I paid off my mortgage, now what

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If you paid off mortgage, pat yourself on the back! It is a great financial achievement. Whether or not you paid off your mortgage early, once that mortgage is no longer hanging over your head, it’s time to figure out what to do next. There are a few house-keeping actions you need to do once your mortgage is paid off, and then it’s time to think about what you can do with the extra money you have.

Checklist: What To Do Once Your Mortgage is Paid Off

We like to talk about “owning a home,” but the reality is that you don’t actually own it until your mortgage is paid off. As long as you have that mortgage, the bank really owns the home. If you miss a payment, the bank can repossess the home, since it’s the bank that put the money up for it in the first place. Because this circumstance changes when you pay off your mortgage, there are a few things you need to do:

  • Revise the title: You will need to have your title revised to reflect that the home is no longer mortgaged. You should also look into the legalities involved in “tenants by the entirety” and “tenant in common” on your title. Consult an attorney knowledgeable in real estate matters to make sure that your title accurately reflects your situation and your desires, especially if you have a spouse.
  • Make property tax arrangements: In many cases, your property taxes are paid as part of an escrow agreement when you arrange your mortgage. A monthly amount is added to your mortgage payment each month, to be applied to your property tax bill. Once your mortgage is paid off, you will need to pay this bill on your own. Go to the county assessor’s office, your city or county tax office to find out the procedure. You will need to know whether you pay one lump sum each year, or pay semi-annually. You can set aside money each month for property taxes in order to avoid having to come up with the money all at once.
  • Review your estate plan and will: This milestone is a good time to review your estate plan and your will. Decide what you want to have happen to your home if you become incapacitated or die. A good estate attorney can help you work out how your property will be distributed.

What to Do With That Extra Money

Once you get the paperwork out of the way, it’s time to decide what to do with the extra money that you have each month. Create a plan for that money. Consider your financial goals, from retirement to helping others, and decide what you want to accomplish with that money. Some things you might consider using the extra money for include:

  • Invest for income: You can work out an asset allocation that is appropriate for your age and situation in order to help provide income for later. Converting your monthly mortgage payment into income investments that provide an immediate income stream is another possibility.
  • Start a business: If you’ve been looking for a business opportunity, you can take the extra money you have each month and start a business. It might be enough to get a side business established, set up a good web site for residual income, or even to quit your day job and devote yourself to getting a business off the ground. It all depends on how much you are saving now that you no longer have a mortgage.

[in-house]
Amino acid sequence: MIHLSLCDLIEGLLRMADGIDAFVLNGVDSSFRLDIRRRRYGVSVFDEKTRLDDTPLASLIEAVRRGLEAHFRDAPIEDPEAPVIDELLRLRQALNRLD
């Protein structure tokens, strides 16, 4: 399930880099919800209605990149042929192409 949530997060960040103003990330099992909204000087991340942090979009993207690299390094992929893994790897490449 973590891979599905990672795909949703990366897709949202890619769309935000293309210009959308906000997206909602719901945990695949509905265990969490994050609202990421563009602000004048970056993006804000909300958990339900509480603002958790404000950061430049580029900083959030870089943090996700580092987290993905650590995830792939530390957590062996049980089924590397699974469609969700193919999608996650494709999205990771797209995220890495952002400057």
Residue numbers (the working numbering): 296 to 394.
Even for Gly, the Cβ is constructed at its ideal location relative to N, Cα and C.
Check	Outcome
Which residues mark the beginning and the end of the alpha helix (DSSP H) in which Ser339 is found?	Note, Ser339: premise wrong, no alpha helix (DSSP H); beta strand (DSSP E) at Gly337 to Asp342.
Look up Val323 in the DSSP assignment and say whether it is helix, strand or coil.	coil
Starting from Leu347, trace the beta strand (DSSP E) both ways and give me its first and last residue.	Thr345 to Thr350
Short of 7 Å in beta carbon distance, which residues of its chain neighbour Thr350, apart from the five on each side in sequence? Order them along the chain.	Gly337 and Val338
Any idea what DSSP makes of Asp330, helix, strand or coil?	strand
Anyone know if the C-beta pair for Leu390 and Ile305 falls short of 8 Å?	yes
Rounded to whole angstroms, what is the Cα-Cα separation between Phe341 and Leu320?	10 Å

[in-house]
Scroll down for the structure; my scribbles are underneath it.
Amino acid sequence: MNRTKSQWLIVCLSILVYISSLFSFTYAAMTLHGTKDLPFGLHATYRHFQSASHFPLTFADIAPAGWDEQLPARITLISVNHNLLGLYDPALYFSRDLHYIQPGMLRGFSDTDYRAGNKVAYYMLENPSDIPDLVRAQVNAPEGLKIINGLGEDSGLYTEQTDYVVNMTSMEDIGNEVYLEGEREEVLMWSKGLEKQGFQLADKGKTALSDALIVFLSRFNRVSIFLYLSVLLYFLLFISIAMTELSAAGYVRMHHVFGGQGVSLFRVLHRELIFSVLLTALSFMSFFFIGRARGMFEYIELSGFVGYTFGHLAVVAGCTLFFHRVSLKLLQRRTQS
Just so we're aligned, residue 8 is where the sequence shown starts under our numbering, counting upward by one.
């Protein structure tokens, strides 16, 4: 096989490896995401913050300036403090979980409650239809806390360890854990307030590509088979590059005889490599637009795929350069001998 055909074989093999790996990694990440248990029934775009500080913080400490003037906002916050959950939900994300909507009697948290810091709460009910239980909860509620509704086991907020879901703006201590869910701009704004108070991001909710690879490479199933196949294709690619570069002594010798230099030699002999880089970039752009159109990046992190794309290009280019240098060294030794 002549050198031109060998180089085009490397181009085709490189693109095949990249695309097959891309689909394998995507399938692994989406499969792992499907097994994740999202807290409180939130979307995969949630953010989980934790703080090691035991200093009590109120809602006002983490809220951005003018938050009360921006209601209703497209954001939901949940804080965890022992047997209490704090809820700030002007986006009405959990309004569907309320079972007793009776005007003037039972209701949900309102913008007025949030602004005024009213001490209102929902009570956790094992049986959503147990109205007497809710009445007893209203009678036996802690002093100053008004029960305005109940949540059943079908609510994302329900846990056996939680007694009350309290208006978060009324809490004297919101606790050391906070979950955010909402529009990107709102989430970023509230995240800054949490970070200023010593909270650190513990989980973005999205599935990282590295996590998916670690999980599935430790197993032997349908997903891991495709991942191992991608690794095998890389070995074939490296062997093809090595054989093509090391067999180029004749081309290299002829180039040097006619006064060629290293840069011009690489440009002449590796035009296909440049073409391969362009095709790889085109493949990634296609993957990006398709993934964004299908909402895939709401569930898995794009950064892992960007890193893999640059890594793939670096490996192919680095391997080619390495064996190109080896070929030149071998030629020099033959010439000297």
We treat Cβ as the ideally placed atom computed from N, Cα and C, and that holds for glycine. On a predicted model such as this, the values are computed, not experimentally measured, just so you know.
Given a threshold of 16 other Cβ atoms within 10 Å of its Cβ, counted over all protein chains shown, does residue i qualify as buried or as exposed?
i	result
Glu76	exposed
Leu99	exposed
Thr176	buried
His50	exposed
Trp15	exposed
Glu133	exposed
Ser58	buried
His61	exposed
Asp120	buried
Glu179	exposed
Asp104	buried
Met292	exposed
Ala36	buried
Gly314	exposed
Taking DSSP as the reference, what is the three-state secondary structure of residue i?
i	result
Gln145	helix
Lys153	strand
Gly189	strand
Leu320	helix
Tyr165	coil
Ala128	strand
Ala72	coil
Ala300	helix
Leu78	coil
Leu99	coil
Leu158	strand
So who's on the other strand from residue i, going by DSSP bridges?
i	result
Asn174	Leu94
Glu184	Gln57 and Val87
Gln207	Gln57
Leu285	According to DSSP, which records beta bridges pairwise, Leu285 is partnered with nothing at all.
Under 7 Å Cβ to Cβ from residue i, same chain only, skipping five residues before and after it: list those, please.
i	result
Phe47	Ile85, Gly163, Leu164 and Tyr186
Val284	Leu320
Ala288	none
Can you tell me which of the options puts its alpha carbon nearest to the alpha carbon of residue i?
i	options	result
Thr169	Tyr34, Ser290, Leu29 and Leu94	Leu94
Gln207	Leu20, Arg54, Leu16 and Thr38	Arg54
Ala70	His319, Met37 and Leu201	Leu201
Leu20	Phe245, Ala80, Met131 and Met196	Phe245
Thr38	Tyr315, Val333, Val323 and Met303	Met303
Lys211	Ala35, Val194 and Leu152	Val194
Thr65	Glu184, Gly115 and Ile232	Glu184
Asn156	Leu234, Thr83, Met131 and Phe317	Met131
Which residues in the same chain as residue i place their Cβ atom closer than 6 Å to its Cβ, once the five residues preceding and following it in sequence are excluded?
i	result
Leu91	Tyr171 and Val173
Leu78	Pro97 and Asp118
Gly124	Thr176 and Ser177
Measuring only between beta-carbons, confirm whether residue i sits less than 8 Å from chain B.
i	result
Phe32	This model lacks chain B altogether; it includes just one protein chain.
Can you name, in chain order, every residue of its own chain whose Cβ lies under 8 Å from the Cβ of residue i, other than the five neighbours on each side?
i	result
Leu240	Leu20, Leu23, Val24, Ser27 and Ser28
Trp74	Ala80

• Invest in your heirs: You probably have kids or grand-kids. Your estate plan or will will take care of your legacy, but you might want to do something for them now. You can set up funds for your children or grandchildren with that money. Many decide they want to help their children or grandchildren with college, and set up 529 plans. This can be a good way to give a gift that keeps on giving.
  • Provide for charity: Paying off your mortgage can free up money that allows you to leave a charitable legacy. You can set up a gift fund or trust for a cause that you believe in, helping others for years to come.
  • Invest in yourself: It is said that investing in yourself can often be the best investment. If you have a relatively long work career ahead of you, you may want to upgrade your skills or go for that college program that you always wanted. On the other hand, you may want to learn new skills or hobbies that pay you back in more personal and socially satisfying ways.
  • See the world: Many find that the extra money can be used to travel. You can visit new places and see new things, with your home as your base camp. There are a number of interesting volunteer travel opportunities that allow you to help others while seeing the world.

Prioritize your financial wish list, and think about your future prosperity. You can even divide up the extra money each month so that some of it is invested for income, and some of it goes toward education or travel. Figure out what you want to do, and then make a plan so that paying off your mortgage works to your financial advantage.



Miranda is freelance journalist. She specializes in topics related to money, especially personal finance, small business, and investing. You can read more of my writing at Planting Money Seeds.